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Protocol Pipeline
The inside story of the venture capital and startup world by Biz Carson.

Diversifying the industry from the board down

Diversifying the industry from the board down


Hello and welcome to Pipeline. This week: how diversifying boards might change the industry, distributing stock versus cash to LPs, and Coupang's upcoming IPO. Note: My colleague Ben Pimentel and I are launching Protocol Fintech this week, covering everything from startups to Stripe, Citi to Coinbase, Plaid to PayPal, Affirm to Apple Pay, Radius Bank to Robinhood. Sign up here!

Overheard

  • As Elon goes: Will startups follow Tesla and put 3% to 6% of their cash into Bitcoin? Sounds like a terrible idea to me.
  • More Miami please: Nine firms either based in Miami or with one GP in Miami are raising funds with median size of $50 million, per Shai Goldman.
  • Billable hours: Who should pay for startup legal funding round costs? Some VCs pay themselves while others charge it back to their startups. Series seed legal docs shouldn't cost more than $10,000 to $20,000, but some people see $30,000.

The Big Story

From Board Level to Deep-Level Diversity

All Raise, the group dedicated to reducing the gender disparities in the startup world, wants to help transform the boards of tech companies — which have been notoriously slow to change.

The group's new Board Xcelerate program helps place diverse candidates on boards of high-growth companies. The thinking is that diverse boards can help companies be more successful and will filter down to increase diversity across the industry.

The program is designed to fill independent board seat roles with underrepresented candidates within 90 days — a relatively short time in an industry where these types of searches can take more than nine months.

  • All Raise uses its network, an external advisory committed and an executive search firm.
  • Firms participating include Sequoia Capital, GGV Capital and Sapphire Ventures and many others.
  • So far five companies have used the program: Contentful, Electric, Handshake, InfluxData, and WorkBoard. It has six more active searches now and more in the pipeline.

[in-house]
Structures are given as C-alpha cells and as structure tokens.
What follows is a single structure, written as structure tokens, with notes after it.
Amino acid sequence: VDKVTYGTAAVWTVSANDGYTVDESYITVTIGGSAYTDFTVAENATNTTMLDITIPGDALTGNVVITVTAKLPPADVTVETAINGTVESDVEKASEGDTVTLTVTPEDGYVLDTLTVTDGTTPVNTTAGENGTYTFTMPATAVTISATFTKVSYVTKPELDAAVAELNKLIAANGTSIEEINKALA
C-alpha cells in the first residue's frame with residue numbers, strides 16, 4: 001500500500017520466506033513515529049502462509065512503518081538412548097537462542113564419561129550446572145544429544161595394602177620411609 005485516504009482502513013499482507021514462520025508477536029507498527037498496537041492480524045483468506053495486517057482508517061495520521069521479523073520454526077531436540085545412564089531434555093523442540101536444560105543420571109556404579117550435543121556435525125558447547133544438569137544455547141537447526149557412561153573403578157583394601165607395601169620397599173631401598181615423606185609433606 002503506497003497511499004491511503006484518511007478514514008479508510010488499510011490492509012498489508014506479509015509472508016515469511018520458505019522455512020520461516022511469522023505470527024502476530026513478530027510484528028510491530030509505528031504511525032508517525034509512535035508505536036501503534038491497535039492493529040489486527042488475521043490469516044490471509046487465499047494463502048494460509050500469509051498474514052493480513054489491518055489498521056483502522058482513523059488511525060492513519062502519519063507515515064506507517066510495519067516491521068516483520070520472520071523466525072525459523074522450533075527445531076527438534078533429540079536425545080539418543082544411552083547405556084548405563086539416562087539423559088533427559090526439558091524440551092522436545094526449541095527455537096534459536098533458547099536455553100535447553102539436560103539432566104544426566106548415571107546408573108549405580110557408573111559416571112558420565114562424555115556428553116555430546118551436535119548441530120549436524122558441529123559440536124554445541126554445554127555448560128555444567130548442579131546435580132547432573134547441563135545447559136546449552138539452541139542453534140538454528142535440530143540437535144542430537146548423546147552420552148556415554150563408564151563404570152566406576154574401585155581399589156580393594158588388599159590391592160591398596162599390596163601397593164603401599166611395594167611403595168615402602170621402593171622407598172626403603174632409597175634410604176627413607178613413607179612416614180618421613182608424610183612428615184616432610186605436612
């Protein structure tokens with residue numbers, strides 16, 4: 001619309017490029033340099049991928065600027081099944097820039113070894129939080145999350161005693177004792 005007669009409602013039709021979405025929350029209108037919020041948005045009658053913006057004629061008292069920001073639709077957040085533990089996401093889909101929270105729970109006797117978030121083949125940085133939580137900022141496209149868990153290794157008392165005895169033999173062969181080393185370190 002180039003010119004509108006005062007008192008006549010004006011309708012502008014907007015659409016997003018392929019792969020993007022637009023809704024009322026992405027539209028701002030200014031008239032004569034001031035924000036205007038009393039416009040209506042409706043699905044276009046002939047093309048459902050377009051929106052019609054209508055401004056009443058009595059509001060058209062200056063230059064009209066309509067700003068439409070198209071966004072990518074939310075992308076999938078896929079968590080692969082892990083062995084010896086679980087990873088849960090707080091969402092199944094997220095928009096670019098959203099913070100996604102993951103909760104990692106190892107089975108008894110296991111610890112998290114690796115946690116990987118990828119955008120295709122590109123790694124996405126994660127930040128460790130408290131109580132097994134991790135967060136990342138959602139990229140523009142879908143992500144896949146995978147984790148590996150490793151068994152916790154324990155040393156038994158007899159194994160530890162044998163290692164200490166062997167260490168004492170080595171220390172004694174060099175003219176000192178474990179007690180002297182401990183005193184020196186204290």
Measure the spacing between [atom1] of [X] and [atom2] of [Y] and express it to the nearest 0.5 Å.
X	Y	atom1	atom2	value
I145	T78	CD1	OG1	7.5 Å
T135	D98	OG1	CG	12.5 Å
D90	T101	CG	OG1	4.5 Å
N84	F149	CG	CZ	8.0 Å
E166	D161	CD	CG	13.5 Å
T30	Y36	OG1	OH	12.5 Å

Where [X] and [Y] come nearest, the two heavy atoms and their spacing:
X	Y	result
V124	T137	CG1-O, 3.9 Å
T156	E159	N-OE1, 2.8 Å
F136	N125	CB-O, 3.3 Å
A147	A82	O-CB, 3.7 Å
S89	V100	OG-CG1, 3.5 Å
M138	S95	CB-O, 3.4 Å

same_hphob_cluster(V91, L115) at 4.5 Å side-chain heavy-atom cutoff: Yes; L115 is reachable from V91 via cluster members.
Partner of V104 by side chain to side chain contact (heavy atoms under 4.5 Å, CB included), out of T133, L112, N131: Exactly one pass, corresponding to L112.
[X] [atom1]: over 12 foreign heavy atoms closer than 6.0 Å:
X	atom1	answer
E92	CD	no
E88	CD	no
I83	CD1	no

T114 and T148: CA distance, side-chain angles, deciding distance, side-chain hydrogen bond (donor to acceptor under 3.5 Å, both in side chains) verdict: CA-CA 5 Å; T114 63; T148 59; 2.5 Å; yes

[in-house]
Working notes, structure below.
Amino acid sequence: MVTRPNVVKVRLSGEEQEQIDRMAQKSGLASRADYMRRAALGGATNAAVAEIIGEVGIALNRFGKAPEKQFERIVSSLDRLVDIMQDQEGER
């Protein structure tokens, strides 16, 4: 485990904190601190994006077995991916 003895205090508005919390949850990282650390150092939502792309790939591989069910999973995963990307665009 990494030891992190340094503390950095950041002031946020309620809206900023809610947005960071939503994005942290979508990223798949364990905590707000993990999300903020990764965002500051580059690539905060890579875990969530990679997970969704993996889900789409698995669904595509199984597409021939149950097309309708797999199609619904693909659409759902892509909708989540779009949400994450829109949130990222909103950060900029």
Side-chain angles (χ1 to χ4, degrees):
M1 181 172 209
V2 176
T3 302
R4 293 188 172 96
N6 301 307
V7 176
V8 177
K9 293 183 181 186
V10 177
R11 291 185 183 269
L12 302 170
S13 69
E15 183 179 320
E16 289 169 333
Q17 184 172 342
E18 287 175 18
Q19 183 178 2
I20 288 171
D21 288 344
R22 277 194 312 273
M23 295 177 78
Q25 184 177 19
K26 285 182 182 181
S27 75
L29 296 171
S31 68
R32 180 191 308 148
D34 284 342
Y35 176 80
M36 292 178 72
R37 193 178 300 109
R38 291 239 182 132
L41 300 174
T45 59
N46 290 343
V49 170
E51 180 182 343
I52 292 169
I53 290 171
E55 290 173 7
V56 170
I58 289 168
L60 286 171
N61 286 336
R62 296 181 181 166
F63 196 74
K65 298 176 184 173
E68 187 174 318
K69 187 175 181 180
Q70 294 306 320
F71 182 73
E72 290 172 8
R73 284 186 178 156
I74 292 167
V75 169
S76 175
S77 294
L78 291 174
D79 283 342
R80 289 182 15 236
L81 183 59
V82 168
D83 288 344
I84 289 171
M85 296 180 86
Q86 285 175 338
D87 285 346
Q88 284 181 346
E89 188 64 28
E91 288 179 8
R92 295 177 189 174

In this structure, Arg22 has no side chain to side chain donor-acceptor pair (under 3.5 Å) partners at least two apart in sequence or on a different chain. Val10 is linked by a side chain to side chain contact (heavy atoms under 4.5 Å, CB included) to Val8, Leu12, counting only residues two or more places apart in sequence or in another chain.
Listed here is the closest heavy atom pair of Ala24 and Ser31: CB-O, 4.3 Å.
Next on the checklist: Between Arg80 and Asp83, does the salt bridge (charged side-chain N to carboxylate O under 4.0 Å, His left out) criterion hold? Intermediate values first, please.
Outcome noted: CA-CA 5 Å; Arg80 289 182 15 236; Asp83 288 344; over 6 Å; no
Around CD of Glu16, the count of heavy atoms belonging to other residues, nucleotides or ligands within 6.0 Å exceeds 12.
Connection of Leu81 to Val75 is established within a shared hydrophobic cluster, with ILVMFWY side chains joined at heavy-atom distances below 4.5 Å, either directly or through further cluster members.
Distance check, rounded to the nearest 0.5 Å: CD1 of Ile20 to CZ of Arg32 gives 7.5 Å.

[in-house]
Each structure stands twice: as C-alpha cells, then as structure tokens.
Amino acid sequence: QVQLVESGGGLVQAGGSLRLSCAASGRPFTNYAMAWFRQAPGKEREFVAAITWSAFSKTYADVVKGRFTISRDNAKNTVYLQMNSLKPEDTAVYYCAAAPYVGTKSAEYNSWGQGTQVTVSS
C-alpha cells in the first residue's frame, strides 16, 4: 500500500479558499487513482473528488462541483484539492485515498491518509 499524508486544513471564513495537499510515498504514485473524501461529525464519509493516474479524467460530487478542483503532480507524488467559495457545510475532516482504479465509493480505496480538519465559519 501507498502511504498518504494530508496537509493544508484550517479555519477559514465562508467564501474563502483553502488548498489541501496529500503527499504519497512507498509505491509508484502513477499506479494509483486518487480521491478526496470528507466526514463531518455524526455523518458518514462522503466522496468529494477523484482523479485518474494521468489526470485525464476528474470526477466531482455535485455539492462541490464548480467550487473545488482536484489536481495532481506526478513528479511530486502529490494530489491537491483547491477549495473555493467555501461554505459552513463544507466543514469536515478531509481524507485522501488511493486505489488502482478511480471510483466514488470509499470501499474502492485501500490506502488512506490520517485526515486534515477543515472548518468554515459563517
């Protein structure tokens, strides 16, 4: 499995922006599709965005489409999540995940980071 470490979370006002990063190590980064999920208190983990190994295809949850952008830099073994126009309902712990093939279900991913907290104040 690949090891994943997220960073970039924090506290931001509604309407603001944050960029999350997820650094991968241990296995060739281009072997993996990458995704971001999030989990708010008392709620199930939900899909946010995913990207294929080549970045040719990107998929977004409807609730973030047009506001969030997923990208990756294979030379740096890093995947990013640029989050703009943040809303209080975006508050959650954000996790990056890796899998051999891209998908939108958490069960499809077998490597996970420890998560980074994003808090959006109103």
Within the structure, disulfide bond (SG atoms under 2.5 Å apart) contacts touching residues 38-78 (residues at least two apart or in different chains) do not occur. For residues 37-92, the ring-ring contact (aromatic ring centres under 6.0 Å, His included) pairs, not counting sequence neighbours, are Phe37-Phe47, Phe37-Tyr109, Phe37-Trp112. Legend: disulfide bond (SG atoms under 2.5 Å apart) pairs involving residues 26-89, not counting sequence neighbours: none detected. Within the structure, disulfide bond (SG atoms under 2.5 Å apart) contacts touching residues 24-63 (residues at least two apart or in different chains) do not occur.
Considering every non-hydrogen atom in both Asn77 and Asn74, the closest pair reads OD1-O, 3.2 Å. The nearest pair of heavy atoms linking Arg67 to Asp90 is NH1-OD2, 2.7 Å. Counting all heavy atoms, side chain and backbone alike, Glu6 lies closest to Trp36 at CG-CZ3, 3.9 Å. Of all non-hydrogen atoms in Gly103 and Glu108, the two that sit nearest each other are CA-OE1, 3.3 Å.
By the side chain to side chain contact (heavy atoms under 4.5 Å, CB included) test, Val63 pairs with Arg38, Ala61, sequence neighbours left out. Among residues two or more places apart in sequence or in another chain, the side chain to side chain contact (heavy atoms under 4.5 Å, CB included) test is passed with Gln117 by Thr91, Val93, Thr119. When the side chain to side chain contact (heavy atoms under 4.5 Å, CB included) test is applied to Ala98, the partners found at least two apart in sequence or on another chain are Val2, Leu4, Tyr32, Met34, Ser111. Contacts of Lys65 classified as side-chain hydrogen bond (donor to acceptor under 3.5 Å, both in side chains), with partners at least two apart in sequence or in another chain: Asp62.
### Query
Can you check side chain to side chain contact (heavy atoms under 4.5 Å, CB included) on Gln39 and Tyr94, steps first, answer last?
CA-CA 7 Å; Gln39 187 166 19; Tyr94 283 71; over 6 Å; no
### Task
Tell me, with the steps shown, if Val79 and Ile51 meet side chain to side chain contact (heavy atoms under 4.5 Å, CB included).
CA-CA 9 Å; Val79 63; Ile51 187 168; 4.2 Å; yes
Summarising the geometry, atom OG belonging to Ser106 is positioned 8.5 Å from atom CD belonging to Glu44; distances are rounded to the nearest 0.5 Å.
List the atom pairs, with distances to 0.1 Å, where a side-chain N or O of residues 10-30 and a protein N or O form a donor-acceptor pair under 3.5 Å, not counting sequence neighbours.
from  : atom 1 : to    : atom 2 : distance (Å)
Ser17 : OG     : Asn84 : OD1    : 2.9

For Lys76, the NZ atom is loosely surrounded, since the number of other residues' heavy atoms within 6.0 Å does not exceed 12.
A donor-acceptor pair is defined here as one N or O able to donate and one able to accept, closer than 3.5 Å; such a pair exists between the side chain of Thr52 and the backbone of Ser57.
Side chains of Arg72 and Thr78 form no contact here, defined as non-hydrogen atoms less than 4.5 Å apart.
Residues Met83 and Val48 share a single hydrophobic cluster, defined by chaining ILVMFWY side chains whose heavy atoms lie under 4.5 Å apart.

As many have noted, this isn't a "pipeline problem"; there are qualified candidates out there, they just haven't been found.

The venture industry has definitely made some changes since the #MeToo movement, but there's still a ways to go.

  • Many venture firms that didn't have a top-level general partner made real efforts to hire at least one female partner. (However, many also didn't go beyond that.)
  • And venture funding for female-founded startups dropped 27% last year, per Crunchbase, despite a startup funding boom.

So what else can be done to address gender and racial imbalance in the industry, besides VCs hiring more underrepresented groups?

Limited partners, the mostly quiet capital behind venture firms, are one key pressure point. LPs can push for changes within venture firms, which then, in turn, push their portfolio companies.

  • Yale University, one of the nation's most prominent LPs, put venture and other investment firms on notice that they would be evaluated based on their hiring of diverse investment staff. This is one key but still early move to push venture firms to change.
  • Still, limited partners are often not willing to push their managers hard enough to make meaningful change, so this bears watching.
  • Limited partners can fund more early-stage, pre-seed and seed funds that specialize in funding founders from underrepresented groups, who are often overlooked by traditional venture firms.

Startups themselves can also do more to improve their hiring and retention practices. Some startups specialize in helping tech companies find or train diverse candidates. SV Academy, for example, trains people who don't necessarily have tech industry experience for sales jobs in tech companies. One important area to watch will be to see if and how adding diverse board members to companies changes the makeup of these companies.

A MESSAGE FROM MASSCHALLENGE

MASSCHALLENGE

The journey from idea to IPO is full of twists and turns. At global network for innovator MassChallenge's "From Idea to IPO,"Feb 17, 10:30AM to Feb 17, 1:30PM CST, hear how two expert CEOs stayed laser-focused on impact amidst uncertainty, successfully taking their startups public during the COVID pandemic.

This exclusive MassChallenge event will feature Thomas Healy, CEO of Hyliion (MC Boston 2015), and Armon Sharei, CEO of SQZ BioTech (MC Boston 2014), and moderated by Misti Cain, the founder at Whyzze.